The moorlands – or really the bog lands – around Vorbasse were rich in turf, which was used as fuel, especially during the First and Second World Wars, when there was no import of coal into Denmark. The enormous quantities of turf that were cut were transported to larger towns by way of the new railway – the Troldhede line – which was opened in 1917. Vorbasse had become a railway town. This was followed by a surge of growth and employment.

The New Century

The 20th century brought a great step forward for the village. Interest in the co-operative movement resulted in the establishment of a co-op here in 1887, and later a co-operative dairy. Between 1900 and 1925 the number of craftsmen and tradesmen grew enormously, and many shops were opened along the main street. Until this time, the majority of the population had lived off the land. Vorbasse became a busy little town, a centre for surrounding farms and smallholdings. In the 1960s, when people left the land and found work in nearby towns, shops and businesses in the area began to close. Vorbasse was rejuvenated in the 1980s by a group of initiative-takers, who laid the foundations of the Activity Centre, for example.


Vorbasse Market

The progress and prosperity of the village have always sprung from a combination of active villagers and a co-operative spirit. Running the annual market, which was revived in 1730, has always depended on a great community effort. One of the reasons for the present prosperity of Vorbasse is the market, which has been held at its present 60-acre market place since 1971. A good quarter of a million visitors attend the market, which lasts for two and a half days round about the 21st of July each year.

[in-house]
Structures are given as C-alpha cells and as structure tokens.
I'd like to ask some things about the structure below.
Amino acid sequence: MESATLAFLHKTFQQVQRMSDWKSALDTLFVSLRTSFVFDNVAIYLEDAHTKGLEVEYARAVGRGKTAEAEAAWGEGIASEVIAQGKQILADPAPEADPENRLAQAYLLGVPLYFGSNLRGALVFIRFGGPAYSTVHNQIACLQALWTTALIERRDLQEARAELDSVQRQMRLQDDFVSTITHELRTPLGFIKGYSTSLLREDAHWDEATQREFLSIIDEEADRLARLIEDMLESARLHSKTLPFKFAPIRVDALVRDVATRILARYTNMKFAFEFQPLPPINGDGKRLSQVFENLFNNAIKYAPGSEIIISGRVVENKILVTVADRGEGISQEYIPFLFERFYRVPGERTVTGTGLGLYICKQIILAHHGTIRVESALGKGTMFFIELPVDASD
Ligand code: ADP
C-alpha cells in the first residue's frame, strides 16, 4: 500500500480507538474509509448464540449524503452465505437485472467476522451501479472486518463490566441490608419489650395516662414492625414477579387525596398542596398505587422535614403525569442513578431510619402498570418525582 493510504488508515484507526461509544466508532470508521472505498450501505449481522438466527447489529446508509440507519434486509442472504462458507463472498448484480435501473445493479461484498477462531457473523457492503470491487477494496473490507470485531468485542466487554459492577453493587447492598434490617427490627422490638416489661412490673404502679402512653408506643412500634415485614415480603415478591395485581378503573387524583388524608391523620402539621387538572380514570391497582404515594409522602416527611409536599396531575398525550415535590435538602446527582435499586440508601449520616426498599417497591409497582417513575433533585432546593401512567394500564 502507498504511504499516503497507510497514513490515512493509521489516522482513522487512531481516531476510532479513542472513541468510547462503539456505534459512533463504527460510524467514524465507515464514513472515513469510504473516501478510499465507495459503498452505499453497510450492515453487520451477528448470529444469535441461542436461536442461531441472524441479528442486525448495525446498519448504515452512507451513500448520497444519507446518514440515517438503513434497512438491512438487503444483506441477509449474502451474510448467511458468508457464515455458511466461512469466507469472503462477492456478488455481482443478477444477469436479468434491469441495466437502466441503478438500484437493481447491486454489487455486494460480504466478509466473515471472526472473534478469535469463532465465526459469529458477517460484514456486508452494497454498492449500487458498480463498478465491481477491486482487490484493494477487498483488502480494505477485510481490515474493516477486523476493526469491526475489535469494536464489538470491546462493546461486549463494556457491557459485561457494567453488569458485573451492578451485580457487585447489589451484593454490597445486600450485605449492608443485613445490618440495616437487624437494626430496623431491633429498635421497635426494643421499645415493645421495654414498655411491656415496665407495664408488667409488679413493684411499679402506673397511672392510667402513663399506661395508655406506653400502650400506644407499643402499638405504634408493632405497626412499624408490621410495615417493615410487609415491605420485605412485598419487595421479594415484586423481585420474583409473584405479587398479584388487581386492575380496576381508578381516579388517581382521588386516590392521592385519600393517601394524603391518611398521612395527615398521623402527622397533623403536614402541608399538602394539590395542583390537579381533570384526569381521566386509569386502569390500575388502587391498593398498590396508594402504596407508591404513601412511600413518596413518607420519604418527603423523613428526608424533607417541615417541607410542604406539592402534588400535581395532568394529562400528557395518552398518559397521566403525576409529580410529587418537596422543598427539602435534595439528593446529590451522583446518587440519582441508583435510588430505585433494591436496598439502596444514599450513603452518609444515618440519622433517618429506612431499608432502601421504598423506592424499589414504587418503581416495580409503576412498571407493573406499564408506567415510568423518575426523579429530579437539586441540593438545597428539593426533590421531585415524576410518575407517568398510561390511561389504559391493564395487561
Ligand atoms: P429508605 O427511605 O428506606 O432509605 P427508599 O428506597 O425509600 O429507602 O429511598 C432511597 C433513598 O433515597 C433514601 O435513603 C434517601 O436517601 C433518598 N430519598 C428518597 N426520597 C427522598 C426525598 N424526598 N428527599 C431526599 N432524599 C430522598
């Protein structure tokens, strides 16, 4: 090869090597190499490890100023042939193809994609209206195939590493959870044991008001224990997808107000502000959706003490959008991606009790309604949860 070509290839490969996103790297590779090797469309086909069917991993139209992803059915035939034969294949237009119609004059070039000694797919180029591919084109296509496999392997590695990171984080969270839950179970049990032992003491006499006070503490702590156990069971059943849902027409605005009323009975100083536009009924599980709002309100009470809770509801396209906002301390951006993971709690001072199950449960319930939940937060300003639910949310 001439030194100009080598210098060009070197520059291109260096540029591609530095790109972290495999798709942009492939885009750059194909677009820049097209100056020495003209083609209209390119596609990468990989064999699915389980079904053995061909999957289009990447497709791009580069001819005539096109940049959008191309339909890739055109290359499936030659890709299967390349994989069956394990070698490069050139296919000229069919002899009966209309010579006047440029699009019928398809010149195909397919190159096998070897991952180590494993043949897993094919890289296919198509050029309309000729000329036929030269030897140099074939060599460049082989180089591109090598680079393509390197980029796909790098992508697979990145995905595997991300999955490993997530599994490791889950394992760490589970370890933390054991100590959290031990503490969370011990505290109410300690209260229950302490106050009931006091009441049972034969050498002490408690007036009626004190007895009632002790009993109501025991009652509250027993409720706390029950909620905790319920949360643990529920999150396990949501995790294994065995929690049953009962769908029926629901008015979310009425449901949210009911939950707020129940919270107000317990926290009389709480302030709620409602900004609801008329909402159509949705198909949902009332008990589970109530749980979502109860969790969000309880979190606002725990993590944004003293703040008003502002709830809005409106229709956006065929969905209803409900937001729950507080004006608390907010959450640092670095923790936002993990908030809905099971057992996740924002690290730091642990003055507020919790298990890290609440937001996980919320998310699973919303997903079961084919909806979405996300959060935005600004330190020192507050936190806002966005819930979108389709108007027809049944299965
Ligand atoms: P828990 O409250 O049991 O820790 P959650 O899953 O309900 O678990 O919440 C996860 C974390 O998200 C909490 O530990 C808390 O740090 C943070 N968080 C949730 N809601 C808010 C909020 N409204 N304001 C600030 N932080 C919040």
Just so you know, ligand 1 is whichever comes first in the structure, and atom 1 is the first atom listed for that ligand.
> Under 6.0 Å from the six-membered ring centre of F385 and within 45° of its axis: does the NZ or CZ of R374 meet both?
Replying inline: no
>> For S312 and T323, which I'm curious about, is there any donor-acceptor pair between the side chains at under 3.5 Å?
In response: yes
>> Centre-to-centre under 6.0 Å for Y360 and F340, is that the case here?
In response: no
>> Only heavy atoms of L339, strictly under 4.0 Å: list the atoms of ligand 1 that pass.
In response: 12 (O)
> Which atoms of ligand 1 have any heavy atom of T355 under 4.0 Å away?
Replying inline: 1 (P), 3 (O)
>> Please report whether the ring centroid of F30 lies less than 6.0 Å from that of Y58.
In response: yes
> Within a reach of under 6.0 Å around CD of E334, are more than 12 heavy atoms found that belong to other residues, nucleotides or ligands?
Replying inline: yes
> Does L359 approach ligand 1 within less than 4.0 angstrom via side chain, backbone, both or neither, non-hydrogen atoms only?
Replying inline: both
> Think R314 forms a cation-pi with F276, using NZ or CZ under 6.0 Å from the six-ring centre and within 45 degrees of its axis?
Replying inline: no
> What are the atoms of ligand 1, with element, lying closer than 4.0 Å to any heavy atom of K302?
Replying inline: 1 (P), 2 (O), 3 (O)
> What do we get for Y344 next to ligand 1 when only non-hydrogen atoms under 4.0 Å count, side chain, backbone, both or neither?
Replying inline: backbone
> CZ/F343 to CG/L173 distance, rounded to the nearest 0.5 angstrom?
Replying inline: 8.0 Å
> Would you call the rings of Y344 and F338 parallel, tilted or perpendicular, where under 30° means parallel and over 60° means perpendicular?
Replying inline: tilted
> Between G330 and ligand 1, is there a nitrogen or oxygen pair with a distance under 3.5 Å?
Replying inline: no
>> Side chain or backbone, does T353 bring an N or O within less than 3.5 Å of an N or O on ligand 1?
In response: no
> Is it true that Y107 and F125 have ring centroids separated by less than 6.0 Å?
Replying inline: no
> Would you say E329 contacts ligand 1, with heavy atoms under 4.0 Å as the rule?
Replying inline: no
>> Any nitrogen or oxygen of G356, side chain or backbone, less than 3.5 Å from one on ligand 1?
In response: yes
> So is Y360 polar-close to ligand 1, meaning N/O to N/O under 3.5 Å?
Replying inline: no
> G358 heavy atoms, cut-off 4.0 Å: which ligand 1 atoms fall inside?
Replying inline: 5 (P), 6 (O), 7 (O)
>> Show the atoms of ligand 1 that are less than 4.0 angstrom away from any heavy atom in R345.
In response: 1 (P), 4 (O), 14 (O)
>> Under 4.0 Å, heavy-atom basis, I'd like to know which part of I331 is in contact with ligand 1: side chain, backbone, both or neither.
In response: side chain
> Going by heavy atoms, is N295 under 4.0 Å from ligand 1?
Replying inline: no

The Naval Port of Vorbasse

The fame of the ‘Naval Port’ and the market are closely interconnected. The Naval Port started its days as a muddy village pond. Professor Labri, an itinerant entertainer at fairs and markets at the beginning of the 20th century, was well-known for his crazy monologues. In one of them that became famous throughout the country, he spoke of arriving ‘at the Naval Port of Vorbasse in a submarine’. In recent times, the conning tower of a Russian submarine could be seen floating in the waters. Now it has sailed on to the village campsite, leaving the waters to hundreds of goldfish, a handful of ducks … and the pocket battleship ‘Labri’.


The Activity Centre

The centre of village life is hidden off the main street, standing behind the school and adjacent to the village campsite: the Activity Centre. The villagers contributed almost 1.5 million Euro to it through their own efforts. It is open to visitors all day and every day, offering a local library, exhibition hall, café, swimming baths, fitness rooms, sports halls… It is much used by most of the approximately 70 clubs and associations in the village, some of which put on events open to the general public, like ‘Free Friday’, where all activities in the Centre are free, and there is communal dining for a very low cost.

Here you can also see the Vorbasse Mural, hanging beside the library. This depicts the history of the area in words and pictures.